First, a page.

Human Papillomavirus Prevalence in Women Who Have and Have Not Undergone Hysterectomies

Journal of Infectious Diseases, Dec 2006

We compared human papillomavirus (HPV) prevalence in an age‐stratified random sample of women who have undergone a hysterectomy (WH) (n=573) with the HPV prevalence in age‐matched women with intact cervices (women who have not undergone a hysterectomy [WNH]) (n=581) participating in a study at Kaiser Permanente in Portland, Oregon. Testing cervicovaginal lavage fluids for >40 HPV genotypes using an MY09/11 L1 consensus primer polymerase chain reaction method, we found no statistical differences in the prevalence of HPV (16% for WNH vs. 13.9% for WH) or carcinogenic HPV (6.5% for WNH vs. 4.5% for WH) between the 2 groups of women. Although WH have a similar prevalence of carcinogenic HPV infection, compared with WNH without a cervix, they have minimal risk of HPV‐induced cancer and are unlikely to benefit from HPV testing.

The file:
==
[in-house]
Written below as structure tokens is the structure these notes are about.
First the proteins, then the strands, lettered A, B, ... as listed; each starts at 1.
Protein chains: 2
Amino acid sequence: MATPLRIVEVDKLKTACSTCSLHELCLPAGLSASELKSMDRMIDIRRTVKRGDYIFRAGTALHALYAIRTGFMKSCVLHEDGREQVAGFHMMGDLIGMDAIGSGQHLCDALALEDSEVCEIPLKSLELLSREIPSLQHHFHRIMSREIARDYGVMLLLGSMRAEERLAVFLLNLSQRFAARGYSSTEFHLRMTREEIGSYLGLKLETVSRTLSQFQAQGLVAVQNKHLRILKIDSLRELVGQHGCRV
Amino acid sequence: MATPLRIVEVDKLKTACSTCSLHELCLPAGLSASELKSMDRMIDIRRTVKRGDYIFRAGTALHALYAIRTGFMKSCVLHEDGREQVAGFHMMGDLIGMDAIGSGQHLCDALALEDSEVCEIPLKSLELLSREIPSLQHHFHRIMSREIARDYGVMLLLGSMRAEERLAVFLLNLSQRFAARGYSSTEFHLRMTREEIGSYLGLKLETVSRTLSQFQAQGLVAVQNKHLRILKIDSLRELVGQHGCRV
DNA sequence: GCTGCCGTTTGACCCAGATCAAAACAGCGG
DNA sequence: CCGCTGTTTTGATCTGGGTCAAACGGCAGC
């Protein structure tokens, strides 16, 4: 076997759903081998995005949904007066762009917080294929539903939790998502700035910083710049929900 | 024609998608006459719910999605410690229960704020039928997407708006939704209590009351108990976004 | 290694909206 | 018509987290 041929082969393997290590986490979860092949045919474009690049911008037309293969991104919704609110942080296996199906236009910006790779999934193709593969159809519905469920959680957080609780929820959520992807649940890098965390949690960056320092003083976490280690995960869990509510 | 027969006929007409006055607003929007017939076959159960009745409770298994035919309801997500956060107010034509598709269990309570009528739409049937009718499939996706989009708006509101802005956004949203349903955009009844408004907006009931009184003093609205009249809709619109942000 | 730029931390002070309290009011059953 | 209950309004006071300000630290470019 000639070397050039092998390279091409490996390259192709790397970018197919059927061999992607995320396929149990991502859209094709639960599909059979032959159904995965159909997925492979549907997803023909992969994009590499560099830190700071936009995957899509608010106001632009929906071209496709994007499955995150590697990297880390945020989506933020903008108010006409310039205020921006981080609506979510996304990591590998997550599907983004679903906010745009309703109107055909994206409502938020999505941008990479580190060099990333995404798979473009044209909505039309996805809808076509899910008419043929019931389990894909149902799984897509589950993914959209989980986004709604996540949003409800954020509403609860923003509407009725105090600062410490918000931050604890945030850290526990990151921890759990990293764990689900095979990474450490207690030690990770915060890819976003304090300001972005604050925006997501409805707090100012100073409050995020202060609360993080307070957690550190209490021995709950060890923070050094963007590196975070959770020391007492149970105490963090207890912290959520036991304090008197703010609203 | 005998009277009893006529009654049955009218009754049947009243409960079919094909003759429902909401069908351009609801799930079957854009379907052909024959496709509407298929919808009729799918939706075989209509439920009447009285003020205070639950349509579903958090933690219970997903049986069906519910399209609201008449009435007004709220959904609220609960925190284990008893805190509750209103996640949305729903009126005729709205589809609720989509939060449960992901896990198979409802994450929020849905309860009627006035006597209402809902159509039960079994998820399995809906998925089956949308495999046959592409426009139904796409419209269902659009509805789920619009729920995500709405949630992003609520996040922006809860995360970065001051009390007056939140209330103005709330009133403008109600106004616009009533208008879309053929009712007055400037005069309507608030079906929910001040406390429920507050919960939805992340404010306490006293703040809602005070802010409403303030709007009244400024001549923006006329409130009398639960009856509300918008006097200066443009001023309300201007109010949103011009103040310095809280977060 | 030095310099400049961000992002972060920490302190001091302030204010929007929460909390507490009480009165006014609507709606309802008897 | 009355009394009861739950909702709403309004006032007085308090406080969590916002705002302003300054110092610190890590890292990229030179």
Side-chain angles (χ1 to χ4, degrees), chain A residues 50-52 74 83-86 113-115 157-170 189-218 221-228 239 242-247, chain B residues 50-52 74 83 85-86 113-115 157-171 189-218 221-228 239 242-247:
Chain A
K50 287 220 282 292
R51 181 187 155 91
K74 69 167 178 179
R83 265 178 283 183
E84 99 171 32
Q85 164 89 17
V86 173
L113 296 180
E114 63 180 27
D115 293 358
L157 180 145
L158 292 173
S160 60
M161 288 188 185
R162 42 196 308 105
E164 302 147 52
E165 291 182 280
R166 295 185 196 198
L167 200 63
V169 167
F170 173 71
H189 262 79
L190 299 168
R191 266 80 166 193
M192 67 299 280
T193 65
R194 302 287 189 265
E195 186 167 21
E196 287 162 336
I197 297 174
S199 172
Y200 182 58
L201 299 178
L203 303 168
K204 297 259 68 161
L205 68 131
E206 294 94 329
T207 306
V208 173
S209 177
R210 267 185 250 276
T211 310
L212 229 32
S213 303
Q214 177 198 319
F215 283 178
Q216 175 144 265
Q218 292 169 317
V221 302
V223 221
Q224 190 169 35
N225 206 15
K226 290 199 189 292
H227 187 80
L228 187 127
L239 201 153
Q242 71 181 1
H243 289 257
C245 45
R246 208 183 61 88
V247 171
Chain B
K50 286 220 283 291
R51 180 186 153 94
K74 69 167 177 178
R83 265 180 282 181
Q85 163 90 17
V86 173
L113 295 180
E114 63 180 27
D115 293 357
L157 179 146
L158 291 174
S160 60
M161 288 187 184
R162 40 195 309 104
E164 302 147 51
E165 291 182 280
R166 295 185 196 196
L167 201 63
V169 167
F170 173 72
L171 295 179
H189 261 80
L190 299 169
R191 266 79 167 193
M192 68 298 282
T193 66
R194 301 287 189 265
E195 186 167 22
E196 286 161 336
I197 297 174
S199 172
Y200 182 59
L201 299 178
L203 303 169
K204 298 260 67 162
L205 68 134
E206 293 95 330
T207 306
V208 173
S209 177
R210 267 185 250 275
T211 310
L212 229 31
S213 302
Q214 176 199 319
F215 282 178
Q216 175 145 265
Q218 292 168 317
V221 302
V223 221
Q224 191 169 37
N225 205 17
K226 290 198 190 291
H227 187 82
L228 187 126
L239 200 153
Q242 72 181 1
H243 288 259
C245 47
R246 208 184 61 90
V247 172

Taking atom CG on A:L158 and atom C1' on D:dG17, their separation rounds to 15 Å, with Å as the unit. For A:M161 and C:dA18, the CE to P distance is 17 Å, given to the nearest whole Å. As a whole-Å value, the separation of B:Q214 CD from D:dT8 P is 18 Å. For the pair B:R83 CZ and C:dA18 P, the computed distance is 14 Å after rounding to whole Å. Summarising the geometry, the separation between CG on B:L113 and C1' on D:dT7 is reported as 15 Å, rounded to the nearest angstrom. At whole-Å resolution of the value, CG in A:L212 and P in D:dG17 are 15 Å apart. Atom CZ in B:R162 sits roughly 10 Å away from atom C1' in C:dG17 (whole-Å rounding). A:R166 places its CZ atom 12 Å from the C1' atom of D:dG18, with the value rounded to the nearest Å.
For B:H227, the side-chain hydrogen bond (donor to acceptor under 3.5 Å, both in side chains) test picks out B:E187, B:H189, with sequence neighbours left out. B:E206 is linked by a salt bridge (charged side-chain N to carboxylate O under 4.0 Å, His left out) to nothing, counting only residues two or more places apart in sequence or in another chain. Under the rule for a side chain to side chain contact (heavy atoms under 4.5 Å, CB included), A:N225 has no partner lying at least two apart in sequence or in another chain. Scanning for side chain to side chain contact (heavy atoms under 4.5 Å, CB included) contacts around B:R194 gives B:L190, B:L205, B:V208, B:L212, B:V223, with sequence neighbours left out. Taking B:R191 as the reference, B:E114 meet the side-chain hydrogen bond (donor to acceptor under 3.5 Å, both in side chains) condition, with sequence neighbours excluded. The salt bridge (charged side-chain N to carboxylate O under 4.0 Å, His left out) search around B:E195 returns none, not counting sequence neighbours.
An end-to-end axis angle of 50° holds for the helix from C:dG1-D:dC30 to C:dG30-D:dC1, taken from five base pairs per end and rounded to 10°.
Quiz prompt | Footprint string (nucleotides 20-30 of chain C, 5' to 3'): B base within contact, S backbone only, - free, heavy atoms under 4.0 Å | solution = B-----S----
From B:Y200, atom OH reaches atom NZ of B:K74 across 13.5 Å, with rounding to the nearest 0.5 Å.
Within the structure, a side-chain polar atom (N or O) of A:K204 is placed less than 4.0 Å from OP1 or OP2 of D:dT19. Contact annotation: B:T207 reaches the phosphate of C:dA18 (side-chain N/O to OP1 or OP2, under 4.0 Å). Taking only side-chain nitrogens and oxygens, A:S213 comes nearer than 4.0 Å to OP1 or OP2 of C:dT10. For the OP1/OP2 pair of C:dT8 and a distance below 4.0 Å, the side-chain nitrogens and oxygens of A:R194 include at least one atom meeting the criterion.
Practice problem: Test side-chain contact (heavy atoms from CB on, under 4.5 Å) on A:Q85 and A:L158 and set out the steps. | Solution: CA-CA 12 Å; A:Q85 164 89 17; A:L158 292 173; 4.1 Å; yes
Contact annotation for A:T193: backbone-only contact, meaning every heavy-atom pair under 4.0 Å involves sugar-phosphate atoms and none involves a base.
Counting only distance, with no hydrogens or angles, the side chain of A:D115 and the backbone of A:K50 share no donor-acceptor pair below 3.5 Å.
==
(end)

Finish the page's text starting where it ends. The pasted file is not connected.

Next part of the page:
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Human Papillomavirus Prevalence in Women Who Have and Have Not Undergone Hysterectomies